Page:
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dc.contributor.authorJanuary, Stacy-Ann Allicia
dc.description.abstractSchools employ curriculum-based measurement of oral reading (CBM-R) and the Measures of Academic Progress (MAP) in their universal screening efforts to identify struggling readers. Among other things, universal screening assessments must be technically adequate and acceptable to teachers. A large body of research exists supporting the technical adequacy of CBM-R, but the degree to which it is acceptable to teachers is unclear. Regarding the MAP, only one empirical study examined its technical adequacy and no research exists evaluating its acceptability. The first study in this dissertation examined the concurrent validity of MAP and the relationship between CBM-R and reading achievement by administering CBM-R and MAP to 802 students in Grades 1-5. The second study examined teachers’ knowledge, use, and acceptability of MAP and CBM-R with a survey completed by 86 first through fifth-grade teachers. Together, results from these two studies provide strong support for the technical adequacy of MAP for universal screening and the acceptability of both MAP and CBM-R.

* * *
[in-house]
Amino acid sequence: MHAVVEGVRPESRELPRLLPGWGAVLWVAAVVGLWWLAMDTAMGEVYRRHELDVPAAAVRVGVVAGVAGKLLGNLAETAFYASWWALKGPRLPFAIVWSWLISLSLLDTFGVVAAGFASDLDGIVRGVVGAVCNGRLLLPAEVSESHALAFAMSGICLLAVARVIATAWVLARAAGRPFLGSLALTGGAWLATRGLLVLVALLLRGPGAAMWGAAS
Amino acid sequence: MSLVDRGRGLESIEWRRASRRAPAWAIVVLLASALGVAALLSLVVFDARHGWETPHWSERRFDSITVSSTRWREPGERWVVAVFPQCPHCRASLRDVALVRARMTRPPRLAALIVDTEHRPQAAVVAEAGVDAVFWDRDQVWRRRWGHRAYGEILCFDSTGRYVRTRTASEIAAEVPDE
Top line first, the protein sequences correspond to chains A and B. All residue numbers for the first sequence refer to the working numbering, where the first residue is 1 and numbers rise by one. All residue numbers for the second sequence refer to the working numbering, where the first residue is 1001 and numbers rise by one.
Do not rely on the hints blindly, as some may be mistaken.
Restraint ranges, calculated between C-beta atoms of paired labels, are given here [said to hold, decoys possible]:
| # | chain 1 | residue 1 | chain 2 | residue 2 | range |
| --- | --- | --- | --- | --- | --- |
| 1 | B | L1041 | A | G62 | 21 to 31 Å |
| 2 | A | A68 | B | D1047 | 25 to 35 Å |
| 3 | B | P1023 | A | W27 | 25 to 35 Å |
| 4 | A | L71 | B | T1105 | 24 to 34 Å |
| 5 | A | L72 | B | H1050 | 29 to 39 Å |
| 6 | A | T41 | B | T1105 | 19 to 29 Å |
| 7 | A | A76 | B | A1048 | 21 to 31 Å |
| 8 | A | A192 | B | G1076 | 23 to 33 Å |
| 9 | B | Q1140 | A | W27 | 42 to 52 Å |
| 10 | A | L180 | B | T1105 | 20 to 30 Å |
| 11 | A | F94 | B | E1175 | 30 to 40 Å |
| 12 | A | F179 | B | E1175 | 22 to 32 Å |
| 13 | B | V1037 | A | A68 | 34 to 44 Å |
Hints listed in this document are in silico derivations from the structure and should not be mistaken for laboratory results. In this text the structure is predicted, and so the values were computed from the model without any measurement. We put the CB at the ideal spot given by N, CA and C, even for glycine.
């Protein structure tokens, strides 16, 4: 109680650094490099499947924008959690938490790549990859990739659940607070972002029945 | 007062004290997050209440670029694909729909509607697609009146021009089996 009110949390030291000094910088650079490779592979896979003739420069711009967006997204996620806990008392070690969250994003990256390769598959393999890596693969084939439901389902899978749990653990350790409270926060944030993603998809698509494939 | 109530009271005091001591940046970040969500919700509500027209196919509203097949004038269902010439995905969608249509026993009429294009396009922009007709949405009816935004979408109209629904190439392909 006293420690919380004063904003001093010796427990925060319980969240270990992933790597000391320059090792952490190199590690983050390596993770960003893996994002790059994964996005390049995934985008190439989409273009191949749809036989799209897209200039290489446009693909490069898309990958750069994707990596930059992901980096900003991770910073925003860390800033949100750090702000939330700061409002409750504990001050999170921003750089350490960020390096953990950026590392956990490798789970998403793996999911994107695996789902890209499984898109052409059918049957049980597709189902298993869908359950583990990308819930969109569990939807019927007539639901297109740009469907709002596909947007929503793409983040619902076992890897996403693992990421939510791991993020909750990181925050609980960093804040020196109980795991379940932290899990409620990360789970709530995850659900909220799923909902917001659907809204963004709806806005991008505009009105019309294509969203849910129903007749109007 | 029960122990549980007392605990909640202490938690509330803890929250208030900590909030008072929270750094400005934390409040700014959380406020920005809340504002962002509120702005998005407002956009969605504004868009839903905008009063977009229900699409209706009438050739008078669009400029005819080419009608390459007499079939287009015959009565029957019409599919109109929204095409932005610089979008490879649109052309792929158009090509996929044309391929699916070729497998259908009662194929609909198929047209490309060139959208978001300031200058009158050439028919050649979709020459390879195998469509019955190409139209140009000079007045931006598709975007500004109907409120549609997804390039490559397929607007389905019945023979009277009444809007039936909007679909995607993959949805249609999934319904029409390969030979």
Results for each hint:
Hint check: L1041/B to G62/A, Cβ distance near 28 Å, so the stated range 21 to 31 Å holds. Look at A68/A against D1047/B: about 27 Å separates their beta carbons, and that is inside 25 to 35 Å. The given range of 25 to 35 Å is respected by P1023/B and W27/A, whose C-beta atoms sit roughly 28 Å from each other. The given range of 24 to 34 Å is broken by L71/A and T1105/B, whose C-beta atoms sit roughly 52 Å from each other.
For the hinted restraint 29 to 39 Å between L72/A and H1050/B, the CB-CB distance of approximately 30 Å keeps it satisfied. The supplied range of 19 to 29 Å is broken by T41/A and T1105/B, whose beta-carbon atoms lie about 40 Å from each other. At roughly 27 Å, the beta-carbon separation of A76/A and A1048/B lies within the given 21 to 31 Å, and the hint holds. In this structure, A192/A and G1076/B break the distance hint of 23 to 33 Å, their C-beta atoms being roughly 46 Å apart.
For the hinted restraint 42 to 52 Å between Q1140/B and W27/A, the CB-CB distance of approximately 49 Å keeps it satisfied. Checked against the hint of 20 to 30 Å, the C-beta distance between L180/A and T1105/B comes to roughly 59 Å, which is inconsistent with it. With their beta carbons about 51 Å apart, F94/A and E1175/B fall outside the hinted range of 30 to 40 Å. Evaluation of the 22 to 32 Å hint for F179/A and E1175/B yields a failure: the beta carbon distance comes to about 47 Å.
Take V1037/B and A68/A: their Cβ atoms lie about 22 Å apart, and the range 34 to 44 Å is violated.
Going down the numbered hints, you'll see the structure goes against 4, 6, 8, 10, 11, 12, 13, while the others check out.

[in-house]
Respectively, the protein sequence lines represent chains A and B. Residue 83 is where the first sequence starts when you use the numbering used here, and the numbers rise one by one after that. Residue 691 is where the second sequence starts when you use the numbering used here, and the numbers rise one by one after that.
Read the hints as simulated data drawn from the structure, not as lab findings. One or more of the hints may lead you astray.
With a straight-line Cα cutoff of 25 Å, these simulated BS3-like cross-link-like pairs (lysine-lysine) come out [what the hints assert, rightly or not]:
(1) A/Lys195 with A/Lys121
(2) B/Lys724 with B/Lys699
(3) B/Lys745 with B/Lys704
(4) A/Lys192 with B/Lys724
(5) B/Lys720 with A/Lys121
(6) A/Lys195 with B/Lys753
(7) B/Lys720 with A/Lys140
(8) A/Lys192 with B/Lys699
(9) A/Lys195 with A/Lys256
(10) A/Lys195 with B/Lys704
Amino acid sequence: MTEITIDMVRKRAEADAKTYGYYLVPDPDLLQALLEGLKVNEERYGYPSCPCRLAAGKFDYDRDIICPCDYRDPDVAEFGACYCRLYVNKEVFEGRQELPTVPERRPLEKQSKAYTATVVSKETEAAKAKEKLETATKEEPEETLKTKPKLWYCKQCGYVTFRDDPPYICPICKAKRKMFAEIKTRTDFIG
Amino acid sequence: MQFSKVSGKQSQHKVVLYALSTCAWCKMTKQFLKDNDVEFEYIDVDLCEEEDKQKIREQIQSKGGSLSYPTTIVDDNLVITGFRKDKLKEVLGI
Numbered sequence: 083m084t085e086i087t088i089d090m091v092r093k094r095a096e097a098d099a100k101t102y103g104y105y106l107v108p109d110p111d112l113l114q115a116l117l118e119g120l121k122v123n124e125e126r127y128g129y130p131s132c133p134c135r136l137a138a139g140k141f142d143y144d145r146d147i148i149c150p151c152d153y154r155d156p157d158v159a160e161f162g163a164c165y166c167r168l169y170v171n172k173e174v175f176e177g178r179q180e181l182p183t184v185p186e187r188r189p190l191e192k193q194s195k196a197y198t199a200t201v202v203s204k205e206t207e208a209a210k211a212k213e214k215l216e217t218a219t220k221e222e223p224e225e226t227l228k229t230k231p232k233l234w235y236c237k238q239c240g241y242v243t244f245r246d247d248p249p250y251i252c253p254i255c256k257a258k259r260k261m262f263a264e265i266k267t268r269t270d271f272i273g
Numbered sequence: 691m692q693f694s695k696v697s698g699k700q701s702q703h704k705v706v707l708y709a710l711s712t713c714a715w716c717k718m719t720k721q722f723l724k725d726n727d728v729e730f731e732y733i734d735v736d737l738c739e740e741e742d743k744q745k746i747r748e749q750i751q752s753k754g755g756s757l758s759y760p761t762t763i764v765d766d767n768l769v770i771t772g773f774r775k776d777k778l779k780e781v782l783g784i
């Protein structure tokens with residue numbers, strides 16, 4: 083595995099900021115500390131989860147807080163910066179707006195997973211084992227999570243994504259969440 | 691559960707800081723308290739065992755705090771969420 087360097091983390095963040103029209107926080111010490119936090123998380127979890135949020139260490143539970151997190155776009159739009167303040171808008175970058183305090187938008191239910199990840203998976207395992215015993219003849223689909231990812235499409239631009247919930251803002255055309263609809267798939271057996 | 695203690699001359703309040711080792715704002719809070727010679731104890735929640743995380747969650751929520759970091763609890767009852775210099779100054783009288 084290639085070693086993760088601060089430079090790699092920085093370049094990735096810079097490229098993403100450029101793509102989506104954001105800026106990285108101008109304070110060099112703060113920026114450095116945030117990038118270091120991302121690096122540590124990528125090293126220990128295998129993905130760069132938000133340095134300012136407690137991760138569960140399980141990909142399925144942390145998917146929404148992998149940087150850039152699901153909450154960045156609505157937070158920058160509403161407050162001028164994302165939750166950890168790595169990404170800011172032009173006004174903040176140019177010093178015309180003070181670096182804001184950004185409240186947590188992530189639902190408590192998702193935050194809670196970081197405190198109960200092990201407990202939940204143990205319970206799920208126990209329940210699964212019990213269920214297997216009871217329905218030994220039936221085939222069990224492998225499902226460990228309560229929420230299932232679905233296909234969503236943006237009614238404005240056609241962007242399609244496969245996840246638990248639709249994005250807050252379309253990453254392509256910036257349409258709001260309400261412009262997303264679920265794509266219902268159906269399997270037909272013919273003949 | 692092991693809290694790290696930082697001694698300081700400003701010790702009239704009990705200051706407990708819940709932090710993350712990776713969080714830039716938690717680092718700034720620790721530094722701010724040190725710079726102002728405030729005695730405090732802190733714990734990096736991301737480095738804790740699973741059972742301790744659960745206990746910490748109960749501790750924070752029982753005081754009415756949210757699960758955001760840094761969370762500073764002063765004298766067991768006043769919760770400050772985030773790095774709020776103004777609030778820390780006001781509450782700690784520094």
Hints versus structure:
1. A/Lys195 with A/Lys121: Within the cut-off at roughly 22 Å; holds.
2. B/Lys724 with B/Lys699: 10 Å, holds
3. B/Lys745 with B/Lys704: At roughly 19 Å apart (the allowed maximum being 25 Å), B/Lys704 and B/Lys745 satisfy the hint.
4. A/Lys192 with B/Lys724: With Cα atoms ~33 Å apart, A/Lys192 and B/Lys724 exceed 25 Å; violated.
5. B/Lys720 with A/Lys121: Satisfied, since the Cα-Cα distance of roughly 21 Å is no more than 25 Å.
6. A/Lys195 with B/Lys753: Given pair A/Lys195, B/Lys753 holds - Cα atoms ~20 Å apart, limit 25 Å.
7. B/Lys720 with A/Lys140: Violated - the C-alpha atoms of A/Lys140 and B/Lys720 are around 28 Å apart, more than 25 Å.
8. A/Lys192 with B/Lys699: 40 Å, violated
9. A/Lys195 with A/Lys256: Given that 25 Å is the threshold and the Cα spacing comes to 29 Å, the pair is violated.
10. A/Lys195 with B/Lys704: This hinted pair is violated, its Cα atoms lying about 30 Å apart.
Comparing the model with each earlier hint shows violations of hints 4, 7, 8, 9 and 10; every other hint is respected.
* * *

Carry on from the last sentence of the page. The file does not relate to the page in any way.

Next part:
dc.subjectCurriculum-based measurement
dc.subjectReading achievement
dc.subjectComputer Adaptive Tests
dc.subjectSchool-wide assessments
dc.subjectUniversal screening
dc.titleAn examination of the concurrent validity, unique contributions, and teacher acceptability of universal screening assessments
dc.description.departmentEducational Psychology and Instructional Technology
dc.description.majorEducational Psychology
dc.description.advisorScott Ardoin
dc.description.committeeScott Ardoin
dc.description.committeeAmy Reschly
dc.description.committeeMichele Lease
dc.description.committeeMartha Carr

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